In trying to understand the increase in reported sightings, we ruled out the often cited explanation of human encroachment into puma habitat because park visitation had not increased significantly. Simply attributing the increase in sightings to higher puma population numbers also failed to explain why pumas suddenly accepted being in close proximity to people.

Mountain Lion cub.
California Department of Fish and Game photo.

In light of potential conflicts between pumas and people, we initiated a study in 1996 to assess the level of risk associated with pumas frequenting developed areas in Yosemite. To achieve our study objectives we asked the following research questions:

To what extent were pumas using developed areas in Yosemite National Park? We assumed that increased contact between pumas and humans increased the likelihood of conflict. Knowing how often pumas were entering developed areas and how much time they spent there would provide a measure of risk associated with their presence.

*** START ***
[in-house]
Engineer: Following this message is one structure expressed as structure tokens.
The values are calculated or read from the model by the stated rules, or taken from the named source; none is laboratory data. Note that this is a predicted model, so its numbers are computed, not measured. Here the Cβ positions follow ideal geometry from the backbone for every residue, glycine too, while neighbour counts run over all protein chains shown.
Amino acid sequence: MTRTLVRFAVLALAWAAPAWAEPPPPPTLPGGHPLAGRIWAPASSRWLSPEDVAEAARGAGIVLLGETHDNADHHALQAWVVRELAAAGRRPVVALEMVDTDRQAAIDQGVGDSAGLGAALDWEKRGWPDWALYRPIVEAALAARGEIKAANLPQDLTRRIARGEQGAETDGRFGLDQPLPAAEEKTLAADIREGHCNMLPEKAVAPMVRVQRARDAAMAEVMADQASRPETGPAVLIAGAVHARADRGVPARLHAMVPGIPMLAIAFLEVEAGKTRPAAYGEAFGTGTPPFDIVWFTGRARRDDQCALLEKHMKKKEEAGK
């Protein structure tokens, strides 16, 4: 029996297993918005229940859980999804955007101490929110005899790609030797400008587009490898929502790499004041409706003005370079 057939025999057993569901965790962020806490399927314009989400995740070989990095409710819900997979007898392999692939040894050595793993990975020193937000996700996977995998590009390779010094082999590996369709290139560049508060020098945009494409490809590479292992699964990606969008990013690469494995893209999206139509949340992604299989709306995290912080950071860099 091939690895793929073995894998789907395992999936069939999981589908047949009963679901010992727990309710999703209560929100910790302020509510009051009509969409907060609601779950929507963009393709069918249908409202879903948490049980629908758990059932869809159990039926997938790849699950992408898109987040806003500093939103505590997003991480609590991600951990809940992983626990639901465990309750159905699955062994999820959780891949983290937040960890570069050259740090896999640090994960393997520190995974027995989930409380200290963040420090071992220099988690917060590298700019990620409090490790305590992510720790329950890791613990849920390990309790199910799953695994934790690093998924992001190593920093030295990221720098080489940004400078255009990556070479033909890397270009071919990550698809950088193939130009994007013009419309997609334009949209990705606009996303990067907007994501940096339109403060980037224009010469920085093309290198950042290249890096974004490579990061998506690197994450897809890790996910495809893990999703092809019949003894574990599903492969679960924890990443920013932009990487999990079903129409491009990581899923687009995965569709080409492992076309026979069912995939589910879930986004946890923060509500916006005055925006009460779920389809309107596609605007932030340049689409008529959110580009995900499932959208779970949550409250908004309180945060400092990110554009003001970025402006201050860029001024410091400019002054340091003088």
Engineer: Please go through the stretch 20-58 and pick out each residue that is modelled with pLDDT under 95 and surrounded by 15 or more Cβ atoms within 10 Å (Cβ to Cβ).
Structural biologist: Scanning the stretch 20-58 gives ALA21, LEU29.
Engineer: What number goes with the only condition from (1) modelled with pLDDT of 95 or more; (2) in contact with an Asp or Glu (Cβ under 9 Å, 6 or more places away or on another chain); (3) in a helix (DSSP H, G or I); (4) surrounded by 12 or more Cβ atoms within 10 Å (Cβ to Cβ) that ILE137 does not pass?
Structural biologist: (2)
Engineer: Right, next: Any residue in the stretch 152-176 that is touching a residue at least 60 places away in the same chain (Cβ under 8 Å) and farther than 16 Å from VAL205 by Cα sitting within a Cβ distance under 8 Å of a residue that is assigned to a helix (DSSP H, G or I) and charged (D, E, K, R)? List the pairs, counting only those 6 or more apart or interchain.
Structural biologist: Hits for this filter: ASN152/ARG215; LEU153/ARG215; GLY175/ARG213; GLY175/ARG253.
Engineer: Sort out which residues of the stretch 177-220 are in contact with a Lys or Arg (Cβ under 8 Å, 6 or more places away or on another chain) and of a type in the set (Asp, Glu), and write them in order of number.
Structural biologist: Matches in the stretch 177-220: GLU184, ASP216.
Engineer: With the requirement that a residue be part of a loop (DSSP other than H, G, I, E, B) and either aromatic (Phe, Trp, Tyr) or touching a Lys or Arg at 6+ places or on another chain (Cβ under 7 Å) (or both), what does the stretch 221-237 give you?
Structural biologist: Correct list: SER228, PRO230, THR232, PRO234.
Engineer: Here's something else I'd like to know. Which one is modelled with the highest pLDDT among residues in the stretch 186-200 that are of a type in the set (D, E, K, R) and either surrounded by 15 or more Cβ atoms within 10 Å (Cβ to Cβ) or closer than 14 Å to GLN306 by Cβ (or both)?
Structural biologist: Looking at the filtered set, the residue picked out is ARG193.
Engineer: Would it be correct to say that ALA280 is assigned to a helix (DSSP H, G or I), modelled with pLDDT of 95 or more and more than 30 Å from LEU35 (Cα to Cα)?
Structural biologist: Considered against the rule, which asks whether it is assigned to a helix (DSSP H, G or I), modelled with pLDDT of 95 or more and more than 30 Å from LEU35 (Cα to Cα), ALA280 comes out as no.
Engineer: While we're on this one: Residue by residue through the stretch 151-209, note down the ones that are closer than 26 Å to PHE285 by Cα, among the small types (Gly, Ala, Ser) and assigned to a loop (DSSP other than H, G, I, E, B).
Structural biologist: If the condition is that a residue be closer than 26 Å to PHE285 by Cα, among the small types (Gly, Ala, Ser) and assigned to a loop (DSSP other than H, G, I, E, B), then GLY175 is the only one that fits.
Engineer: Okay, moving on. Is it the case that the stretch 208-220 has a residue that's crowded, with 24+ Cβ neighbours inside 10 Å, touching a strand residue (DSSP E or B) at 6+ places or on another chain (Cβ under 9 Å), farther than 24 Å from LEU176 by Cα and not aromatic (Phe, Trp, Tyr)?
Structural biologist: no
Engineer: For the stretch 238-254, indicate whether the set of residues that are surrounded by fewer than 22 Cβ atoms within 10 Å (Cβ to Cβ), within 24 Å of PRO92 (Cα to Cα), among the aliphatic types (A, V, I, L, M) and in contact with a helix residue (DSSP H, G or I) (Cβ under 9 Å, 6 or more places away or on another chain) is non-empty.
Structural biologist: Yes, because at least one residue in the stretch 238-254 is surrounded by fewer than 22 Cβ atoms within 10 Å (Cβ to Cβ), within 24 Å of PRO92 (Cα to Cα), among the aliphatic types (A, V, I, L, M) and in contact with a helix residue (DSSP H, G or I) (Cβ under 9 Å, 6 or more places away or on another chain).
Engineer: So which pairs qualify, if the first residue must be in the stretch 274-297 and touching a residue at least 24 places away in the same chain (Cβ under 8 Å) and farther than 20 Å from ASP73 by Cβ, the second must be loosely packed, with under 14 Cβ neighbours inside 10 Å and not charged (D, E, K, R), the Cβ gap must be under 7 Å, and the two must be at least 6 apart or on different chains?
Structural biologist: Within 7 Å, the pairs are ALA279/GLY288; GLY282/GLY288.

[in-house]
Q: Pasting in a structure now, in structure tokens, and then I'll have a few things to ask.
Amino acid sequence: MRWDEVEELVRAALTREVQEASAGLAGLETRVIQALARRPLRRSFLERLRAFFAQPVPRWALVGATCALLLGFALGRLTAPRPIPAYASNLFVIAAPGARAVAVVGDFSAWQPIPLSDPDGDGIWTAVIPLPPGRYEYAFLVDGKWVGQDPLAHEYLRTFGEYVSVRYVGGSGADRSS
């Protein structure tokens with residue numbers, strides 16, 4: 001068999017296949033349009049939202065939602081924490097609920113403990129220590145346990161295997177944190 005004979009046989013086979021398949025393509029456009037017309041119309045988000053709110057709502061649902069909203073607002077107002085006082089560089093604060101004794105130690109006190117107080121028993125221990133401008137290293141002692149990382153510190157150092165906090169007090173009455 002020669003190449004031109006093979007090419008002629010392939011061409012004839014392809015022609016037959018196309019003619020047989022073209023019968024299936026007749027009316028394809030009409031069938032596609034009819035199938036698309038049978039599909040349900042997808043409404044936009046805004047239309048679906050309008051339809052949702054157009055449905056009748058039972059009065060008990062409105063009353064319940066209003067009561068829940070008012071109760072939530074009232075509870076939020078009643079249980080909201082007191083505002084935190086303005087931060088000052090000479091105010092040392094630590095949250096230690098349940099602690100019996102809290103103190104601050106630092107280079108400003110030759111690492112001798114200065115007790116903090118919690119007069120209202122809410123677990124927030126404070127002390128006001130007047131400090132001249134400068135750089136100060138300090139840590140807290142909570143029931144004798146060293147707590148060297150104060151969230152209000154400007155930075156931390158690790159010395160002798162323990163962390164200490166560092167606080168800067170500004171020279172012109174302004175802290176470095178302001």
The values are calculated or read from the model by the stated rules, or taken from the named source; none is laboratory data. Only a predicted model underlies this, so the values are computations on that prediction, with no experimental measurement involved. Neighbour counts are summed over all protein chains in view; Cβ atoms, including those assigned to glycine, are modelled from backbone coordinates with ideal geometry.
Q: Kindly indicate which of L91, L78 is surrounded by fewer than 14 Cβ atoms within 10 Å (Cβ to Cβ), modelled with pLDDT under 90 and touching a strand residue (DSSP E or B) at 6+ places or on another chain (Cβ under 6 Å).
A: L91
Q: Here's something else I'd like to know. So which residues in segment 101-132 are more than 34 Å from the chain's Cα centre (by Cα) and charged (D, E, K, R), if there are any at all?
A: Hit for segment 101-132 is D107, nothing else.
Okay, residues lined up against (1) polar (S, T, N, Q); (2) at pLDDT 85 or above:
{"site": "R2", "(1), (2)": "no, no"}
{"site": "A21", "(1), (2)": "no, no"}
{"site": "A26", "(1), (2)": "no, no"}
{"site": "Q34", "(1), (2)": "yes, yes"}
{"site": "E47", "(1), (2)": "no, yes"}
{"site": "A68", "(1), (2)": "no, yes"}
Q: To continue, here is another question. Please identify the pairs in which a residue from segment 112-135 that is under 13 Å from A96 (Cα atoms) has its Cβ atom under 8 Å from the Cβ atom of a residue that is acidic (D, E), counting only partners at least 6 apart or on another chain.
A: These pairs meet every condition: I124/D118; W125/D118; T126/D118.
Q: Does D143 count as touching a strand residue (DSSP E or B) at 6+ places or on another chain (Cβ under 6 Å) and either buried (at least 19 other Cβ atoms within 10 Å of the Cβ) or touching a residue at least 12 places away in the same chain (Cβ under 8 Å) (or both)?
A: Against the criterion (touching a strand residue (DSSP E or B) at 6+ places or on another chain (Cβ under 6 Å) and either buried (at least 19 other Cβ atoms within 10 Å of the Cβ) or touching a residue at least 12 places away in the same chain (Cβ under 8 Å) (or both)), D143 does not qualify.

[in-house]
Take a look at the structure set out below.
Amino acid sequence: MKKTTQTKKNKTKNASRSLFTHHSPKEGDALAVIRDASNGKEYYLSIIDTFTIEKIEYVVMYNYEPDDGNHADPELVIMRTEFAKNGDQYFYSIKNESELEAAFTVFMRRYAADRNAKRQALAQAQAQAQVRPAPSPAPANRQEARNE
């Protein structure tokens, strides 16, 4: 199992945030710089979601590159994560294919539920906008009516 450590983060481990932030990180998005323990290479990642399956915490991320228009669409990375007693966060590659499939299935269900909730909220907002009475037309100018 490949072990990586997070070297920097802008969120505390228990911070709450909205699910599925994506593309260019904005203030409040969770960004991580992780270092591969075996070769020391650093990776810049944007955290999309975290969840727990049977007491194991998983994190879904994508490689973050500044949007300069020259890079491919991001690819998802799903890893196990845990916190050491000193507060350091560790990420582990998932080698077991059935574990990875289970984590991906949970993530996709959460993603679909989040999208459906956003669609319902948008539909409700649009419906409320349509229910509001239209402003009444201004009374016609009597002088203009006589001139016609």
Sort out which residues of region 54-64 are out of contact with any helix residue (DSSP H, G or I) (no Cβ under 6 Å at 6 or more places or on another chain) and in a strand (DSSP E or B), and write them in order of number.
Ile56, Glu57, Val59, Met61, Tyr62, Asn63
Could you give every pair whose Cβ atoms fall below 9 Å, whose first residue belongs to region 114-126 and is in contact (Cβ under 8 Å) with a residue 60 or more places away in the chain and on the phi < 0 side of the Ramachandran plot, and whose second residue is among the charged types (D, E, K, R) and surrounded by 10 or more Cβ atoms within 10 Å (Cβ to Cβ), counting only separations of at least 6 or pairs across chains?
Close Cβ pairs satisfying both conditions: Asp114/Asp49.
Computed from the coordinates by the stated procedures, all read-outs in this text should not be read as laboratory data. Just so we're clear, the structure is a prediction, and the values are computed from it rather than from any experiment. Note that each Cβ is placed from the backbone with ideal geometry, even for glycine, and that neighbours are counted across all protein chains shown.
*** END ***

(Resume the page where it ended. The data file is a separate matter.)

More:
What activities were pumas engaged in when using developed areas? Were they simply passing through or were they resident? What kind of animals were using developed areas? Were they adults or dispersing juveniles? Were they males or females? What was their nutritional status?

Study Area
The study area comprised an 1195-km2 area in Yosemite National Park, Stanislaus and Sierra National Forests, and Mariposa County in the Sierra Nevada of California

Pumas were captured using trailing hounds and foot snares.

We collected standard biological data such as age, sex, and nutritional status and equipped pumas with radio telemetry collars to monitor their movements and activities.

We established and monitored track and scat transects to detect the presence of uncollared pumas.

We collected puma feces and used DNA analysis to identify individual animals.

We appealed to park residents and visitors through posters, flyers, and word of mouth to report their puma sightings.